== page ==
There are no accidents. No one to blame. Each of us has a path unknown to us, with options and crossroads. And always a destination. Like those ever more common graphs of word association, every road has a logical association to that place from whence we started.
As a child I was impressed by a single piece of furniture – a desk, full of power and secrets, with many drawers and hiding places. My imagination played games based on it. Usually, I was a teacher. And so, upon graduating university, I was a teacher.
I never had such a desk in the classroom. Or in my office. I always had students. Each was unique, each had preconceptions and distractions. It took a lot of imagination to understand and communicate to so many different minds. Like my childhood desk, I had to store something is so many secret drawers. And remember how to retrieve it later. But for all of my own work, it was the student who earned the grade.
Just as I had shifted from my imaginary game to teaching, I had shifted also from storing secrets in drawers to sharing them with young minds. No longer was the power in assigning grades, it was in discovering how each mind was locked or unlocked. The power was in the mystery itself.
It was not long before I discovered that there were classrooms and students everywhere. Each on a path like me, but heading in hundreds of new directions. Each was periodically at an intersection puzzling over uncertain destinations.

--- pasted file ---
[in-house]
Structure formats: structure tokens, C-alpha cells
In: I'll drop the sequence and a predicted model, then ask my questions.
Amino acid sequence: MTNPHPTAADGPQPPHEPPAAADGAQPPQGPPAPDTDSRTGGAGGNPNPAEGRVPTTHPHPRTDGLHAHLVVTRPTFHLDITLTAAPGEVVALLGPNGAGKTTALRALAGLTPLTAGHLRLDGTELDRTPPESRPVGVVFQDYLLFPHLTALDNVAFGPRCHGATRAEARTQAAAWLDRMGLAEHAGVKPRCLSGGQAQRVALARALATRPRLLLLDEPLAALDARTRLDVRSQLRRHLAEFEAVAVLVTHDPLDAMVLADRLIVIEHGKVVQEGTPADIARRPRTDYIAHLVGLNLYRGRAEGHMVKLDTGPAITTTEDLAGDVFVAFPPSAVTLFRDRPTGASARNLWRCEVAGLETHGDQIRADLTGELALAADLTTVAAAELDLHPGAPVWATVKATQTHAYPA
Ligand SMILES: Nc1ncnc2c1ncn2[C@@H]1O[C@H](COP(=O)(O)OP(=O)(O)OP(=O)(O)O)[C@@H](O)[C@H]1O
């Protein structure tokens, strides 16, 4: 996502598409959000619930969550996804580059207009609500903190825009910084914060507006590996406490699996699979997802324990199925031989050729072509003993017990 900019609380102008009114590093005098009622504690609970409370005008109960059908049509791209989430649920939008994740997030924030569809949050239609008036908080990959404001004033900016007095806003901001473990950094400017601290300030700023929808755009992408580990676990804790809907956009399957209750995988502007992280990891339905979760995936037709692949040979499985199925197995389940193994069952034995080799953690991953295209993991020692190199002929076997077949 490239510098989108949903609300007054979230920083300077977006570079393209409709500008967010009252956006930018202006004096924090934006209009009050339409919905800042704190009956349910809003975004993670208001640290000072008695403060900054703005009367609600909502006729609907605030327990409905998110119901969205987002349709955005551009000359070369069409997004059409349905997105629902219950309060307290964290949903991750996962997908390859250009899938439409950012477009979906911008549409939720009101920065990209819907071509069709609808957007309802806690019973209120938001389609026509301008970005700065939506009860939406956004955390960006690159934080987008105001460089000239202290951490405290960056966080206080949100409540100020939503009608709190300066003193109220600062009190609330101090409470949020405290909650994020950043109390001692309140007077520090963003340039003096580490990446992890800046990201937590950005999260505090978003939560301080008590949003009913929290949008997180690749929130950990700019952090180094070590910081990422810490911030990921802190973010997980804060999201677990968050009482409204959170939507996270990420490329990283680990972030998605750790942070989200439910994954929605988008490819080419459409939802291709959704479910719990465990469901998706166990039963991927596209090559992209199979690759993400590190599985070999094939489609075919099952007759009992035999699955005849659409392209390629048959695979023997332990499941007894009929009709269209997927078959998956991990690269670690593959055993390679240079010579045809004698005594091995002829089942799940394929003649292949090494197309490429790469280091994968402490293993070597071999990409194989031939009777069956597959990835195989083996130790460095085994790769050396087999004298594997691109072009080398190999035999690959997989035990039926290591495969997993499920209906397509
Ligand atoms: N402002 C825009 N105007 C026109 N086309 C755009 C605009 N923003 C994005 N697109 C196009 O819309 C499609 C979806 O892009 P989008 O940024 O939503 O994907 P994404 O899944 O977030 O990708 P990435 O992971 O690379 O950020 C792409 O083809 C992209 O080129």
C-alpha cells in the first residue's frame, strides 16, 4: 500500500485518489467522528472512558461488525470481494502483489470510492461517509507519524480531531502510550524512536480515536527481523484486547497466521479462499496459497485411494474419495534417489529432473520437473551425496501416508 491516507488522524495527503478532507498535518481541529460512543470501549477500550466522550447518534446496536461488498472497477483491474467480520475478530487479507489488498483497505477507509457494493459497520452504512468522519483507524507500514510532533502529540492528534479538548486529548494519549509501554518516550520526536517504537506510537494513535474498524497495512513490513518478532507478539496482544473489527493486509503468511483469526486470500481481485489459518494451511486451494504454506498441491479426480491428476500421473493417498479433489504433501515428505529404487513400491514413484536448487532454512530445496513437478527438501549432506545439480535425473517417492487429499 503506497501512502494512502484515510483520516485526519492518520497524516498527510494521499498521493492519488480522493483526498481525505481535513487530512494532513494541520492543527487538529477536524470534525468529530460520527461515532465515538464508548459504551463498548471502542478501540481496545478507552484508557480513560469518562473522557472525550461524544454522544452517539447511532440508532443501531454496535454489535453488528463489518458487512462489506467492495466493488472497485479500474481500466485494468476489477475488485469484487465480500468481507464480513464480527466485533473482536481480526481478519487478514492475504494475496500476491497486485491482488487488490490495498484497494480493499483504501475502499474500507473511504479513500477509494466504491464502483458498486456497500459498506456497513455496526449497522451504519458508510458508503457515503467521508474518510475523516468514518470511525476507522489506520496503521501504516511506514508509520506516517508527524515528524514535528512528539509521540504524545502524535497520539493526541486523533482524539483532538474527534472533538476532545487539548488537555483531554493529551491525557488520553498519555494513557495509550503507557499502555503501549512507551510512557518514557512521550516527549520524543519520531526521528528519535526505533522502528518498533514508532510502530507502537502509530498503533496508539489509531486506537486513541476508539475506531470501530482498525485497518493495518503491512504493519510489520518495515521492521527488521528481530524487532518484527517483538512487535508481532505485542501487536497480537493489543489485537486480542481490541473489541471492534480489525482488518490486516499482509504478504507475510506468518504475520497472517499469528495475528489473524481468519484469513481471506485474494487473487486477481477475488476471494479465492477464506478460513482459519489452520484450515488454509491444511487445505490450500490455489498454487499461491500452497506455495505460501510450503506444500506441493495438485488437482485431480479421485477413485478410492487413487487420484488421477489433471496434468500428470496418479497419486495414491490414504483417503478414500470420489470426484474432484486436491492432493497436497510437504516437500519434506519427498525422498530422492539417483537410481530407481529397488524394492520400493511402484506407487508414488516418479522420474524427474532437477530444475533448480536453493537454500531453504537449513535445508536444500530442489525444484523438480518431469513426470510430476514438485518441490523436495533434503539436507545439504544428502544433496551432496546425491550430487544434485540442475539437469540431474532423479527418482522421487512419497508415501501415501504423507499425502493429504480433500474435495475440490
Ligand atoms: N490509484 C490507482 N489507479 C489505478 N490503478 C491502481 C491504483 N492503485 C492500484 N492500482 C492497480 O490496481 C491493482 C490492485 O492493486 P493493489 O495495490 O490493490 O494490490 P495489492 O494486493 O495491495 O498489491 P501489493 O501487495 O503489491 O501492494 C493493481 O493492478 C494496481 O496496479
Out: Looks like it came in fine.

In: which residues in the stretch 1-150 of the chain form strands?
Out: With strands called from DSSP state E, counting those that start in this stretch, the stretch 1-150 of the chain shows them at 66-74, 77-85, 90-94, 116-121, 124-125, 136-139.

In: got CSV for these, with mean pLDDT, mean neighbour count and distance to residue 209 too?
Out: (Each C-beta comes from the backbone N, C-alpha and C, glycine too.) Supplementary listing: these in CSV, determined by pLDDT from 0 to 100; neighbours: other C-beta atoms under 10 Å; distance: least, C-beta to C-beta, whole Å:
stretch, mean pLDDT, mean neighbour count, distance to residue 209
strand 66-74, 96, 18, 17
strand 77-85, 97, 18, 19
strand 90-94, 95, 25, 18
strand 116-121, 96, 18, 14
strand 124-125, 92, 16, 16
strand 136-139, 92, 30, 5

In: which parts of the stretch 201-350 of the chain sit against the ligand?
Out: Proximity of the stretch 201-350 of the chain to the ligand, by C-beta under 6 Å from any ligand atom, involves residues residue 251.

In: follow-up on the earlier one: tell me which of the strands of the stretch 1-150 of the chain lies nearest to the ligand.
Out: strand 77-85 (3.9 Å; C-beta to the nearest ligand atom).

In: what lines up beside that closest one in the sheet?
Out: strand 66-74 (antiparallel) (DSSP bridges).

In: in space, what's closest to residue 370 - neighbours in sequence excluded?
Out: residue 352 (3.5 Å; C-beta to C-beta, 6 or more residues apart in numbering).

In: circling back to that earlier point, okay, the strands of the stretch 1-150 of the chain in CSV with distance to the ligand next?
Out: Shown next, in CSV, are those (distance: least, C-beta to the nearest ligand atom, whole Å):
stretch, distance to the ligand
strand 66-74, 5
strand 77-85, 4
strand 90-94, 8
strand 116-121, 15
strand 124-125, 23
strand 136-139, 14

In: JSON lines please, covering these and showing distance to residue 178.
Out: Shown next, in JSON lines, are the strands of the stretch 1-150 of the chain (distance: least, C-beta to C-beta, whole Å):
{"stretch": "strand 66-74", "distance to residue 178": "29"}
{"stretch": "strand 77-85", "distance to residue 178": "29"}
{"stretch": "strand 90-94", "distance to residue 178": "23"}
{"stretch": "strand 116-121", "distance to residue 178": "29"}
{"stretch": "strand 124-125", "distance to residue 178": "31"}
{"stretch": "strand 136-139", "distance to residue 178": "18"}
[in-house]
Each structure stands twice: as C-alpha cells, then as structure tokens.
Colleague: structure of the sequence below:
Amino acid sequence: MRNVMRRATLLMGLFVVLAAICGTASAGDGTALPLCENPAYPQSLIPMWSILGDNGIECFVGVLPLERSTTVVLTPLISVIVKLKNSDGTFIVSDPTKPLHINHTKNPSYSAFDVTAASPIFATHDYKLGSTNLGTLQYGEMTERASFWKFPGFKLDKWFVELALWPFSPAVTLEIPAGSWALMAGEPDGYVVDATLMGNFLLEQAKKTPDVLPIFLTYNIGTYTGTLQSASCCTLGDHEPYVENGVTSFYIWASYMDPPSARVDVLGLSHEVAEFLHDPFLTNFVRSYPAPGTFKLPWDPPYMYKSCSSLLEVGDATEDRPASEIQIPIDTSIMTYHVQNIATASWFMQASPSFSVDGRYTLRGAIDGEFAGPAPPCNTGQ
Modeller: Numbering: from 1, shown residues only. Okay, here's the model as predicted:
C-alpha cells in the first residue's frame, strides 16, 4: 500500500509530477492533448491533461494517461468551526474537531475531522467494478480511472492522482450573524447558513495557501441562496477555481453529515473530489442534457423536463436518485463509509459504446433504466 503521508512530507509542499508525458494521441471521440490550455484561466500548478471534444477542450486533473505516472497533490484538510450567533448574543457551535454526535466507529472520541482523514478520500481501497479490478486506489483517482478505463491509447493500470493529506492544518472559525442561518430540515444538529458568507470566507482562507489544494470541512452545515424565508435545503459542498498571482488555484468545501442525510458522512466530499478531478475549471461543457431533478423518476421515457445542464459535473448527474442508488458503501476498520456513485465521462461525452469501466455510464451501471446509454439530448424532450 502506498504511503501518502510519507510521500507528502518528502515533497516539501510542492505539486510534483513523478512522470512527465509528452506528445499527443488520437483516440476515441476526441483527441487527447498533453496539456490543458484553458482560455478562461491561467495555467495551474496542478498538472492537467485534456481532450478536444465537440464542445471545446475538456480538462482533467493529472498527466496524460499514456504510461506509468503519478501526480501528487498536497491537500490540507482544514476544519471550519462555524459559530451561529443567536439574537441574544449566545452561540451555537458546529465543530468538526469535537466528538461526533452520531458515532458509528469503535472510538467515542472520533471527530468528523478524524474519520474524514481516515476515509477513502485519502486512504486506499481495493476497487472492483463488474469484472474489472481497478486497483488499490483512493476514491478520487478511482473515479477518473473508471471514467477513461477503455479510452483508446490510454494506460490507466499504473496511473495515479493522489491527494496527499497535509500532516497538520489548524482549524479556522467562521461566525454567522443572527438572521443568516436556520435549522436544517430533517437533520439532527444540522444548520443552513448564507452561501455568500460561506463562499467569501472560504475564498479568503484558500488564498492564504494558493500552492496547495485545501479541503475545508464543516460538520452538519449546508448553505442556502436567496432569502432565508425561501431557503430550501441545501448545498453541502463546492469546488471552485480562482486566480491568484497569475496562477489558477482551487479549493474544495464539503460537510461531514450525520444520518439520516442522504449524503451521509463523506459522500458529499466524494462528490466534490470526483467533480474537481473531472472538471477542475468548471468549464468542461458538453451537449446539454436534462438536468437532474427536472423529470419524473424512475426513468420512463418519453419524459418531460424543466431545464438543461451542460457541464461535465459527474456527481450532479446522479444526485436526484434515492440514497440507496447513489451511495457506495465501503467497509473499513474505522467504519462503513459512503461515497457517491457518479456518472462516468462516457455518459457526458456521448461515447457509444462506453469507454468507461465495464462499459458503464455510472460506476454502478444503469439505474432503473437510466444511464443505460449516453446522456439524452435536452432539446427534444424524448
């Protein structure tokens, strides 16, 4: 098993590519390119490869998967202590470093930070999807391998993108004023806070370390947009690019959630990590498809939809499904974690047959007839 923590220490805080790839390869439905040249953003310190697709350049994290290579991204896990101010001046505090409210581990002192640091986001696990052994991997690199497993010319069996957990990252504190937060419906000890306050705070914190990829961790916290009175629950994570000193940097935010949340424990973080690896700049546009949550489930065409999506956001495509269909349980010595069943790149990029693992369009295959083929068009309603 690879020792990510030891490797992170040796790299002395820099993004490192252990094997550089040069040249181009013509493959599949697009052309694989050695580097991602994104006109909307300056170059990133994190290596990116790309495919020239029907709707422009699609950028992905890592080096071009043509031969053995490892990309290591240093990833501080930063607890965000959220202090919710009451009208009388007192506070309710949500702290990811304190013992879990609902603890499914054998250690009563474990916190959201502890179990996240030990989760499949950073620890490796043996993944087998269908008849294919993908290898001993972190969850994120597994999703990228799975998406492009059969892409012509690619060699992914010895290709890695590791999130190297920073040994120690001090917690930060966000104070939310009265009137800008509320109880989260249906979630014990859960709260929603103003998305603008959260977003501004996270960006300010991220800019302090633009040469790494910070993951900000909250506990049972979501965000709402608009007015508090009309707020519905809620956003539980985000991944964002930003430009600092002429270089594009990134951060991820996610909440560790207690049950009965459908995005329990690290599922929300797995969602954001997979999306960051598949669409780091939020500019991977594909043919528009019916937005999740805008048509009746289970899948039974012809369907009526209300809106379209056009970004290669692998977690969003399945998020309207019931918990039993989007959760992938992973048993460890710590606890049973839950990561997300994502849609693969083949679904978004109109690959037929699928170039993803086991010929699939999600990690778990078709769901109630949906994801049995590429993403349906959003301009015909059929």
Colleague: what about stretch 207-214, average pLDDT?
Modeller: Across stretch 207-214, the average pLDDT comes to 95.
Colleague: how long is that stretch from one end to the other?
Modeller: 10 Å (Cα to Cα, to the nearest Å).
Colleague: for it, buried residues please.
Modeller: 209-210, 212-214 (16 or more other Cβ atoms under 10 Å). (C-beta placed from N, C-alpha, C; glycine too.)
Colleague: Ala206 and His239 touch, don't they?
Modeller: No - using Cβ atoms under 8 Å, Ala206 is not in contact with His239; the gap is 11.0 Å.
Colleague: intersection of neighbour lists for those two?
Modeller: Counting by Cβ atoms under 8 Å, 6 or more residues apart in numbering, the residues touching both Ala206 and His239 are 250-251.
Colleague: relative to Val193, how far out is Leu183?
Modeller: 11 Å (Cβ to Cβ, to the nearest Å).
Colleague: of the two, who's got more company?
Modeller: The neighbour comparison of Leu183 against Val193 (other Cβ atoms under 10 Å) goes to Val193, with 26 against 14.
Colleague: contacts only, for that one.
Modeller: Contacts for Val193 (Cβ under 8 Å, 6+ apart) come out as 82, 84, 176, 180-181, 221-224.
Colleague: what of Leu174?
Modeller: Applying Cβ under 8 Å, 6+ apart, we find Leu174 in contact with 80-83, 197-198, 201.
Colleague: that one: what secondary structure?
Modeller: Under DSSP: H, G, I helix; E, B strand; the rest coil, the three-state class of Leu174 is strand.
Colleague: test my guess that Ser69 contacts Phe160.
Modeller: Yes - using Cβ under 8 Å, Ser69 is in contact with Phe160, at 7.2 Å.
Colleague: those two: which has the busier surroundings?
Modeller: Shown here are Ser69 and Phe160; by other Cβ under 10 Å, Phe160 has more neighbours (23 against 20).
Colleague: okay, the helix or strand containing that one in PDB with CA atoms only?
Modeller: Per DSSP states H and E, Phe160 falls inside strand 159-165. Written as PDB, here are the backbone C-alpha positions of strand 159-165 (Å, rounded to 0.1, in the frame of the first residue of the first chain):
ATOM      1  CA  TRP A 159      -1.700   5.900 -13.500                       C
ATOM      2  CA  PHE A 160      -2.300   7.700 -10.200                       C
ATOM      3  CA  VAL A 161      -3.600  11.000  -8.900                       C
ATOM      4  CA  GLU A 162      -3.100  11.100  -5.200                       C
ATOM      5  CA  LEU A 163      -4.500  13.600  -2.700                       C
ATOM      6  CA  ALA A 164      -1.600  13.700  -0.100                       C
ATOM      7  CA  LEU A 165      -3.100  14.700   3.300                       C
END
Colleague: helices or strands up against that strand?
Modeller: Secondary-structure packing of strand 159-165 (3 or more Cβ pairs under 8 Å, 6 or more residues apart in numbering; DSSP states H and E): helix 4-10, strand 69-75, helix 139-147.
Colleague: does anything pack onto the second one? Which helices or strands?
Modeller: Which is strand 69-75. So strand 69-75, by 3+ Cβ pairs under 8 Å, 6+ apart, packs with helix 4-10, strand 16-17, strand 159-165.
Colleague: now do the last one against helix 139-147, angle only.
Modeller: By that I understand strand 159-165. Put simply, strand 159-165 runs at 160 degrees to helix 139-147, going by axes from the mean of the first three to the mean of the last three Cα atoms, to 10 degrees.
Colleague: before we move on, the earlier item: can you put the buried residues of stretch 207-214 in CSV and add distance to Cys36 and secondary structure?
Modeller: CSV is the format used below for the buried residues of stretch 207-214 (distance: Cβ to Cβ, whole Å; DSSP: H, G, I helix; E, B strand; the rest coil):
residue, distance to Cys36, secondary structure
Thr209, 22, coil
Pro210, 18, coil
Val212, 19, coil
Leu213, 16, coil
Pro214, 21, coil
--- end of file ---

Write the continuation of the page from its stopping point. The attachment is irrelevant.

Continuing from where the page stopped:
What is it that makes these intersections in our lives so clear? Why are we so aware of that moment? Of the limited number of choices? Of the destinies before us?
I found in teaching that the secret to learning was listening. Receiving. Welcoming. Questioning. Each student, each individual is on a different path and in a different place. It was never enough to give. To meet them I had to find them. Thus, I became a listener. I had the questions and not the answers. And in return, I found that power indeed lay in the mysteries. Not in my control, but in what others volunteered to me.
Hidden inside each drawer of my childhood desk were many different possibilities. There were soldiers of the chessboard, drawing curves and measuring devices, old letters with interesting handwriting and forgotten stamps, recipes for meals I don’t ever remember eating.
Now I find those drawers in my imagination full of the secrets, the mysteries, of hundreds of students. No longer do I collect the keys of power. I am honored to secure the confidences, the map coordinates, the crossroads of other lives. I still don’t understand why these moments are so clear to us. But at each moment, every student still asks me to listen, welcome, and accept.